At step 209, it is determined whether the engine is to be cranked. For example, if the fuel temperature is too cold, the ECM 103 may disengage the start key to reduce any possible emissions that may occur from the engine or its fuel being too cold. In this case, the process continues with step 203. Alternatively, the process may continue with step 203, where the process waits until an indication is received to crank the engine or the engine is cranked manually. Optionally, at step 209, the ECM 103 may have a preprogrammed automatic command to crank the engine upon conclusion of pre-cycle warm-up. Once the engine is cranked, or started, at step 211, the process then continues with step 201.
A flowchart illustrating an alternative method of remote pre-cycle warm-up for an electronic component is shown in
After step 305 or 307, the process continues with step 309, where the operator is notified of a completed pre-cycle process. Such a notification may take place in any number of ways. For example, the ECM 103 may send a text message for display on a display 415 such as the vehicle dashboard, such as shown in
A block diagram illustrating an apparatus for implementing remote pre-cycle warm-up for an electronic component is shown in
One or more temperature sensors 405 may be utilized in conjunction with the drivers 403. Each temperature sensor 405 may be a stand-alone thermocouple that is disposed on one or more drivers 403 or may be a built-in temperature sensor that is integral to one or more drivers 403. The temperature sensor 405 monitors the temperature of its associated driver 403, and sends the temperature as a signal to the processor 401. The processor 401 may act on the temperature signal itself or may relay the temperature signal to another module. For example, the IDM 109 may process the temperature signal and/or may relay the temperature signal to the ECM 103. One or more additional temperature sensors 409 may also be utilized. These sensors 409 may be disposed in one or more engine fluids, such as oil, coolant, and/or fuel. The sensors 409 send an appropriate temperature signal to the processor 401 for processing.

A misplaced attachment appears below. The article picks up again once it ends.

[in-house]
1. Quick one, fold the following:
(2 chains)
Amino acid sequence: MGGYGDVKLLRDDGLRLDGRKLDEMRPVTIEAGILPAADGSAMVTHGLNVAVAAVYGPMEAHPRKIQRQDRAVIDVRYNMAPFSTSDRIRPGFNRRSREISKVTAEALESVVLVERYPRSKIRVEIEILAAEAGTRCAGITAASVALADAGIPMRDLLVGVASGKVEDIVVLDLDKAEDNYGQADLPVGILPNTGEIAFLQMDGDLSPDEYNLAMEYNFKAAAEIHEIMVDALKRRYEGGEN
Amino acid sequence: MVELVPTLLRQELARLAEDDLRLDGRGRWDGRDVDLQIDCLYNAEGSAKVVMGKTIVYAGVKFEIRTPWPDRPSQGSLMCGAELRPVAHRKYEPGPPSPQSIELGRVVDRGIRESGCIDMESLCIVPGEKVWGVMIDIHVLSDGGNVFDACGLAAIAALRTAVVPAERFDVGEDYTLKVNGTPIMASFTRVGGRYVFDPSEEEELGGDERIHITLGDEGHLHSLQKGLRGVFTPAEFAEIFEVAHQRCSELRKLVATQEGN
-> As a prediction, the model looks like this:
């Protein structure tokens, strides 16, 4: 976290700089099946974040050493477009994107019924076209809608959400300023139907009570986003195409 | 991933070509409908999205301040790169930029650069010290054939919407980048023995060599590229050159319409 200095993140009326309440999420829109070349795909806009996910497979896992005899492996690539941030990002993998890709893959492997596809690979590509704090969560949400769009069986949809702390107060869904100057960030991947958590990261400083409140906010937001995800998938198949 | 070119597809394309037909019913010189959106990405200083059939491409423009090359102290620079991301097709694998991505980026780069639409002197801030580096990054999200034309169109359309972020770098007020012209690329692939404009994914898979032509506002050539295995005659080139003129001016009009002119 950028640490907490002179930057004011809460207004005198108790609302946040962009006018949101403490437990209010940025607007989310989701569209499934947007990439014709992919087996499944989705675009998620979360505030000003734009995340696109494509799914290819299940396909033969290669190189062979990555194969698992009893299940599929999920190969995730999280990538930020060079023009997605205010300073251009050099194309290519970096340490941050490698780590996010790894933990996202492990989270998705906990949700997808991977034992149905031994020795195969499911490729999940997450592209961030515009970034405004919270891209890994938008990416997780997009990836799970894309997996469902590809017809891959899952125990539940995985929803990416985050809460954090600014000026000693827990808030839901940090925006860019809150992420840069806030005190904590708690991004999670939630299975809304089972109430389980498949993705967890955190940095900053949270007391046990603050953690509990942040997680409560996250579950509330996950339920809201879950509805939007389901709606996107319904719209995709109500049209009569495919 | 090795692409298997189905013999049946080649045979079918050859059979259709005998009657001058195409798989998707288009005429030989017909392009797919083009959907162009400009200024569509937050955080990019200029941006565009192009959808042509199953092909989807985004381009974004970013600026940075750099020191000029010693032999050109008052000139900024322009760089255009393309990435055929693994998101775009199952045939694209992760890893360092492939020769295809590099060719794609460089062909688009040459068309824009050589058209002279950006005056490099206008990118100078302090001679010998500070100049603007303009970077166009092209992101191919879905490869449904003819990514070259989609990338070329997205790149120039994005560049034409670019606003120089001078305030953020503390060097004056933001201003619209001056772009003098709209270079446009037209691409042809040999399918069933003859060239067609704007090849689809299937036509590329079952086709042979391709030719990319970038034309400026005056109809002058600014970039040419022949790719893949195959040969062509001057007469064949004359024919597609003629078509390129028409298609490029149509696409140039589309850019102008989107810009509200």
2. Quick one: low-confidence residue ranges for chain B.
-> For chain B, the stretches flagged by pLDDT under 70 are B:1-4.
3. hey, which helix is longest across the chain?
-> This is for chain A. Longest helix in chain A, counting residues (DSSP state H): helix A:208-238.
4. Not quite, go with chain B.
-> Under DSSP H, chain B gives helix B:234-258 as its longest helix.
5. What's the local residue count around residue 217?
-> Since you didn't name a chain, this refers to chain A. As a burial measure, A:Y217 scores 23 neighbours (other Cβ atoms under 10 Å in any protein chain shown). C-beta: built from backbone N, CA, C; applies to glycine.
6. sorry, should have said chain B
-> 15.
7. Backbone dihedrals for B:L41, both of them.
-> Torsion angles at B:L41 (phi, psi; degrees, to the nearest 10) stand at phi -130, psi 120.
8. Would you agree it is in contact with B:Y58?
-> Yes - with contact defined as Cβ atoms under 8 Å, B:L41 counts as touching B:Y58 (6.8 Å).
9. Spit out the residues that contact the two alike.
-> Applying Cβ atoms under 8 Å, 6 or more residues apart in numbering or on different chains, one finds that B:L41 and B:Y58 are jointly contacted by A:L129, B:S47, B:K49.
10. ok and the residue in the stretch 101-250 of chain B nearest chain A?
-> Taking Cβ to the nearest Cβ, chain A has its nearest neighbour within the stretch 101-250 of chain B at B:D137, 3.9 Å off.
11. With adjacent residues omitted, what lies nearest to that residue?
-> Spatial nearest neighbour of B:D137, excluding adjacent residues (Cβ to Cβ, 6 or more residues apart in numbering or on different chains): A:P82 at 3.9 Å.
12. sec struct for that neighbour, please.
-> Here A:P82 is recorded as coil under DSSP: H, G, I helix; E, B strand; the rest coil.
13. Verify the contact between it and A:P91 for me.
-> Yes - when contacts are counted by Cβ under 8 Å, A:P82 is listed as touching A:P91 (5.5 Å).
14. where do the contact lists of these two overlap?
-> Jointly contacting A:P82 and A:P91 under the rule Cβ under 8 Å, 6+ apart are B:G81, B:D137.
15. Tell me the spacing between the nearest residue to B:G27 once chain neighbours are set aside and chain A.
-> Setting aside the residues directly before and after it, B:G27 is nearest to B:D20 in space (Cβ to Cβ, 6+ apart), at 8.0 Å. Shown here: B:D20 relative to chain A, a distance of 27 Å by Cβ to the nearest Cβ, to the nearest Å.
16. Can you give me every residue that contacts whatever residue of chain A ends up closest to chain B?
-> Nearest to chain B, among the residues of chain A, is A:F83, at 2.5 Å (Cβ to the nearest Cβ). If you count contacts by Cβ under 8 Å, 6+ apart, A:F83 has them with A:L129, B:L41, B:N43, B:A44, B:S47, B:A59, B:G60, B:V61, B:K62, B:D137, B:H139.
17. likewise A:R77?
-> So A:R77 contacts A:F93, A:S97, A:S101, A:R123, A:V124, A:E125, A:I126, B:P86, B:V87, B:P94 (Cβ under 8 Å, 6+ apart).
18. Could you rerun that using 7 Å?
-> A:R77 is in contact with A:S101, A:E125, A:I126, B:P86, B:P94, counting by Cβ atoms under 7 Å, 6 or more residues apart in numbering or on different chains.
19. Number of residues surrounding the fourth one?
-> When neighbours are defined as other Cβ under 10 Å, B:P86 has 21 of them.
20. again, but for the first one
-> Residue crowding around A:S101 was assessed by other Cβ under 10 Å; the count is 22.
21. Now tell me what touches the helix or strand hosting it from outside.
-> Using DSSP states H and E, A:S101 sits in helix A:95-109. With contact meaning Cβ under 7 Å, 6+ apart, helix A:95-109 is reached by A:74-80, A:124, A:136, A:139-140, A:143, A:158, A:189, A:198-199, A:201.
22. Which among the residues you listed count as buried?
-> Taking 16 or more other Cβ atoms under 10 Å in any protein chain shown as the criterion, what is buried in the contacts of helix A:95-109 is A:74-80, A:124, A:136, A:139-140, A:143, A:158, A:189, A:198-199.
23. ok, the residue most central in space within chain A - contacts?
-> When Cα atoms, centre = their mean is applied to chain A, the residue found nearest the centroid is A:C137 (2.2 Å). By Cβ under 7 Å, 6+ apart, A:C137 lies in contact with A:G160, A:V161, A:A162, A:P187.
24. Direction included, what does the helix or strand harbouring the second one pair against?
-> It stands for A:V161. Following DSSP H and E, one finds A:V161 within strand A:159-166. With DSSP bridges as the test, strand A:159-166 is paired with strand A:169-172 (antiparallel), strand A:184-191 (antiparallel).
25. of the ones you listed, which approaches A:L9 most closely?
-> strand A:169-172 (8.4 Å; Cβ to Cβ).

The processor 401 interprets the temperature signals in light of one or more temperature conditions. The temperature signals may also be utilized to determine if a specific component 107 or 113 is operating. For example, if the component 107 or 113 is not operating, it may cause the driver 403 to either overheat or provide no power, in which case the temperature would be lower than expected. When temperature signals from different components either overheat or provide no power, in which case the temperature would be lower than expected. When temperature signals from different components 107 or 113 of the same type are compared, a component 107 or 113 that is not functioning correctly is likely to have a substantially different temperature.
When one or more temperature conditions for a driver are exceeded, the processor 401 reduce or eliminates pre-cycle warm-up for the electronic component 107 or 113 associated with the driver 403. When the driver 403 for a component 107 or 113 has exceeded a temperature condition, such as an absolute temperature or a temperature differential, the driver 403 is presumed to be warm enough from recently driving the electronic components 107 or 113, which are in turn presumed to be warm enough from being electronically driven. Thus, reducing pre-cycle warm-up when the engine is cranked helps to prevent the components from premature burn-out due to excess warm-up, as well as preserving battery charge and more quickly cranking the engine.